Foundations of operations research: From linear programming to data envelopment analysis

Research output: Contribution to journalArticlepeer-review


After the 1950s, operations research (OR) moved from military applications of scientific methods to a distinct academic discipline, applying mainly mathematical models to complex systems in the public and private sectors. Linear programming (LP) with its simplex algorithm, developed by George Dantzig in 1949, is the first method that marked OR as a new academic discipline. The purpose of this article is to examine the evolution of OR through linear programming, its leading methodology, and some of its derivatives, concentrating on one of them—data envelopment analysis (DEA)—developed by Charnes, Cooper, and Rhodes in 1978. We focus on DEA and its derivatives, as this article is the most cited in a search performed using the main OR journals. Although we found LP to be mentioned much more than DEA in our search of Google Scholar and beyond, DEA is still well represented in the OR literature. Furthermore, based on insights gained from examining DEA vis-á-vis LP and the “secret” of their spread, we conclude with suggestions to further enhance OR's visibility, implementing ideas from OR founders and others over the years. Thus, future directions include combining hard and soft OR, involving interdisciplinary teams, consulting of OR academic researchers, and more.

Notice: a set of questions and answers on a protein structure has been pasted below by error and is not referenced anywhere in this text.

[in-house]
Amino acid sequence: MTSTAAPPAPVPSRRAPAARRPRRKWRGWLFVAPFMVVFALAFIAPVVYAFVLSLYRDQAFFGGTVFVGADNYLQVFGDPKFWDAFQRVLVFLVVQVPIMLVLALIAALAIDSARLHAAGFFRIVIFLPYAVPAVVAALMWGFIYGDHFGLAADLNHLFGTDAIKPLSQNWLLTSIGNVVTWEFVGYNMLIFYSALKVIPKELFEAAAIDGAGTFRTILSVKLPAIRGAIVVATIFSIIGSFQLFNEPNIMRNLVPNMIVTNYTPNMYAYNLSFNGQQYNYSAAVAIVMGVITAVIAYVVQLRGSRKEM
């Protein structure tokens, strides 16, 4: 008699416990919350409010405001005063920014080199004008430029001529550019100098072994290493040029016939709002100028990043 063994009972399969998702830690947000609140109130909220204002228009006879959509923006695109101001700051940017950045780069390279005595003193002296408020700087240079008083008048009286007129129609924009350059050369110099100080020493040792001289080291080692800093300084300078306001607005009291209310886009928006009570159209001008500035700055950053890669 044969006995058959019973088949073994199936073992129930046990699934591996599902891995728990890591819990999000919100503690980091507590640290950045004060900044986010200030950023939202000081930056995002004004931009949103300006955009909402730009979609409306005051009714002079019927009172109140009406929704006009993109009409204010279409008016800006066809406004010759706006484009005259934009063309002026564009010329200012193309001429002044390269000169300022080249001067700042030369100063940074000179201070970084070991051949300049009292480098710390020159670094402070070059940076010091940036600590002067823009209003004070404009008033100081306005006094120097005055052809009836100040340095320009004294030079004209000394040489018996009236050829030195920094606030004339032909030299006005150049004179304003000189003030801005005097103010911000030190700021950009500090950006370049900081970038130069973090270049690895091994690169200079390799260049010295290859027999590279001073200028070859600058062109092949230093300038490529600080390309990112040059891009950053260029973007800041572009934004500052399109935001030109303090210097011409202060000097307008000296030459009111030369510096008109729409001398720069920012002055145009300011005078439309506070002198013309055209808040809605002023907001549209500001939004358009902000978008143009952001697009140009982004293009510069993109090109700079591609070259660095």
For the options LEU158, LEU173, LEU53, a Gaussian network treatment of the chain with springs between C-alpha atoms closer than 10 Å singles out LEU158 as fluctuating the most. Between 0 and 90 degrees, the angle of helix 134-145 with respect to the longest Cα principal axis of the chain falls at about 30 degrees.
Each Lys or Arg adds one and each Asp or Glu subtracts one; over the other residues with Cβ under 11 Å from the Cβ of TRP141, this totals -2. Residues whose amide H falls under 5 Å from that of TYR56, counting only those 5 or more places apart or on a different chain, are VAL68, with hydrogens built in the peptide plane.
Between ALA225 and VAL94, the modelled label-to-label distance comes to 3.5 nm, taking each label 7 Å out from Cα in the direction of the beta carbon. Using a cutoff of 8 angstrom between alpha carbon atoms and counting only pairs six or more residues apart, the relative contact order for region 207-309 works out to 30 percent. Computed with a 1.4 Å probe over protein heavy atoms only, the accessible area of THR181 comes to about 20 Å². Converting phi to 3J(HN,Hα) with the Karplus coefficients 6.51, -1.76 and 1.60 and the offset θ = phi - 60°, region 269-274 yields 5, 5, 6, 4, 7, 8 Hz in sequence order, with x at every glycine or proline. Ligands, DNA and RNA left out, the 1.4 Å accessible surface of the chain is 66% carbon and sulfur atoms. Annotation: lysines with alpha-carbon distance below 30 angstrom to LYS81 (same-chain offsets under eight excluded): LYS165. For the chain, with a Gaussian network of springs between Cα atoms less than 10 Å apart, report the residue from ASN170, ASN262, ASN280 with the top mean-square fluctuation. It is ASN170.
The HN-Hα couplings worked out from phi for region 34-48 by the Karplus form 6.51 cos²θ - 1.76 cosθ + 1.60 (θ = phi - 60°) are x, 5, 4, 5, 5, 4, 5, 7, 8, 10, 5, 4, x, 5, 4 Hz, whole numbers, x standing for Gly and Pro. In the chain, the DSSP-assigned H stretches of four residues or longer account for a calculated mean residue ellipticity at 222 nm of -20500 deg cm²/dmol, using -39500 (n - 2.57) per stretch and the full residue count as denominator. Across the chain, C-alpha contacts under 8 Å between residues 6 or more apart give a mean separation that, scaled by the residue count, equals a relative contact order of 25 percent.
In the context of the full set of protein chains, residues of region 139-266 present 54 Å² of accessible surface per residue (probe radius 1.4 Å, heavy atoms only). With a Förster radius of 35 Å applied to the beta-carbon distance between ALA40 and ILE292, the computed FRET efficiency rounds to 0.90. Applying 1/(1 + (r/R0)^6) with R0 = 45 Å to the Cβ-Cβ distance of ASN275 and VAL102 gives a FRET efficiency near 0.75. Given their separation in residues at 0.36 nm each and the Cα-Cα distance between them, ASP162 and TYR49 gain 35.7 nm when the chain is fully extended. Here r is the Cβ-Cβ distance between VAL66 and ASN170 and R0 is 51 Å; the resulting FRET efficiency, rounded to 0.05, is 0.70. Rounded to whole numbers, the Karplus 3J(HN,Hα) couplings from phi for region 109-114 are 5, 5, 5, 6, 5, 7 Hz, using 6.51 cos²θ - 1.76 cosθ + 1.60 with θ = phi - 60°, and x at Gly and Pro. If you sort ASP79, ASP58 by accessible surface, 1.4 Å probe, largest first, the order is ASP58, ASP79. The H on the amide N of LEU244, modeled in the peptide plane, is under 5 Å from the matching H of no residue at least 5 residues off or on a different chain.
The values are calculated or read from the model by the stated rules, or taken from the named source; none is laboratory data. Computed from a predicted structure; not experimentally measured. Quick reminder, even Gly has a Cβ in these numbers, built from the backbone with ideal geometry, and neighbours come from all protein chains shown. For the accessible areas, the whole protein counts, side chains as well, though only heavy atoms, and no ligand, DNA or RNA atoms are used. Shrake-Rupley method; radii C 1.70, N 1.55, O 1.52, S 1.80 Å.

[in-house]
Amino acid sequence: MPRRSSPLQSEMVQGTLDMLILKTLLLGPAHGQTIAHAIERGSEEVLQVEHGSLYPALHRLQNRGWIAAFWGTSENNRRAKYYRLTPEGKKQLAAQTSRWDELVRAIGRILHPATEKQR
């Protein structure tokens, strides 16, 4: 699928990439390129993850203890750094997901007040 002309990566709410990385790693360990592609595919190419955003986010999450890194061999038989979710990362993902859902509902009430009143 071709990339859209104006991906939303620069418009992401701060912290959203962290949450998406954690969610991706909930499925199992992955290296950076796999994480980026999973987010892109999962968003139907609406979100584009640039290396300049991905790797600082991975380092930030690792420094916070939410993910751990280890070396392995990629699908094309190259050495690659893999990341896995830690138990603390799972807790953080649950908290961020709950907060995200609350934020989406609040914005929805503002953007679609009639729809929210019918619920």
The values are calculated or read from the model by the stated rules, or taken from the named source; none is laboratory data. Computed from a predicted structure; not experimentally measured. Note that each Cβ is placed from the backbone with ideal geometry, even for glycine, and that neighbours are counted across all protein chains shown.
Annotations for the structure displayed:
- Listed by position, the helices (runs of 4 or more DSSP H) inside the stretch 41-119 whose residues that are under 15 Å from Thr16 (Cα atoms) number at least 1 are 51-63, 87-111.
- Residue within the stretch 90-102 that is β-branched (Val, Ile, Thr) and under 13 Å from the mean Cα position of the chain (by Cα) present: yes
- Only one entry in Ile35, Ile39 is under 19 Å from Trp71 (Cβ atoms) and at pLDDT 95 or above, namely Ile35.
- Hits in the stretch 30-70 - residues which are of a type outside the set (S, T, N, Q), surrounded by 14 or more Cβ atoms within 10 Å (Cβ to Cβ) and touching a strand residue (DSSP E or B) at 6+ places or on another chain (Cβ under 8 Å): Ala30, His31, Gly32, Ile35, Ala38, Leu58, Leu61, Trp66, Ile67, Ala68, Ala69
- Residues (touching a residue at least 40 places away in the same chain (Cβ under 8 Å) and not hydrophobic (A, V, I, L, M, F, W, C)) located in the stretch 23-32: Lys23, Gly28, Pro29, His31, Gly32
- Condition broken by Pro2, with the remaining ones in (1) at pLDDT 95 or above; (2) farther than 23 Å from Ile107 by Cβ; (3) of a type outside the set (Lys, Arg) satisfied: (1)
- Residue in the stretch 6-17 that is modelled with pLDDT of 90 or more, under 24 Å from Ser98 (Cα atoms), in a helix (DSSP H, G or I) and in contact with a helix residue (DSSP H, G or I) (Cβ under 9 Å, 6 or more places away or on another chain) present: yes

Original languageEnglish
Pages (from-to)1069-1080
Number of pages12
JournalEuropean Journal of Operational Research
Issue number3
StateAccepted/In press - 1 Jan 2022


  • Data envelopment analysis
  • Linear programming
  • Operations research foundations

ASJC Scopus subject areas

  • Computer Science (all)
  • Modeling and Simulation
  • Management Science and Operations Research
  • Information Systems and Management
  • Industrial and Manufacturing Engineering


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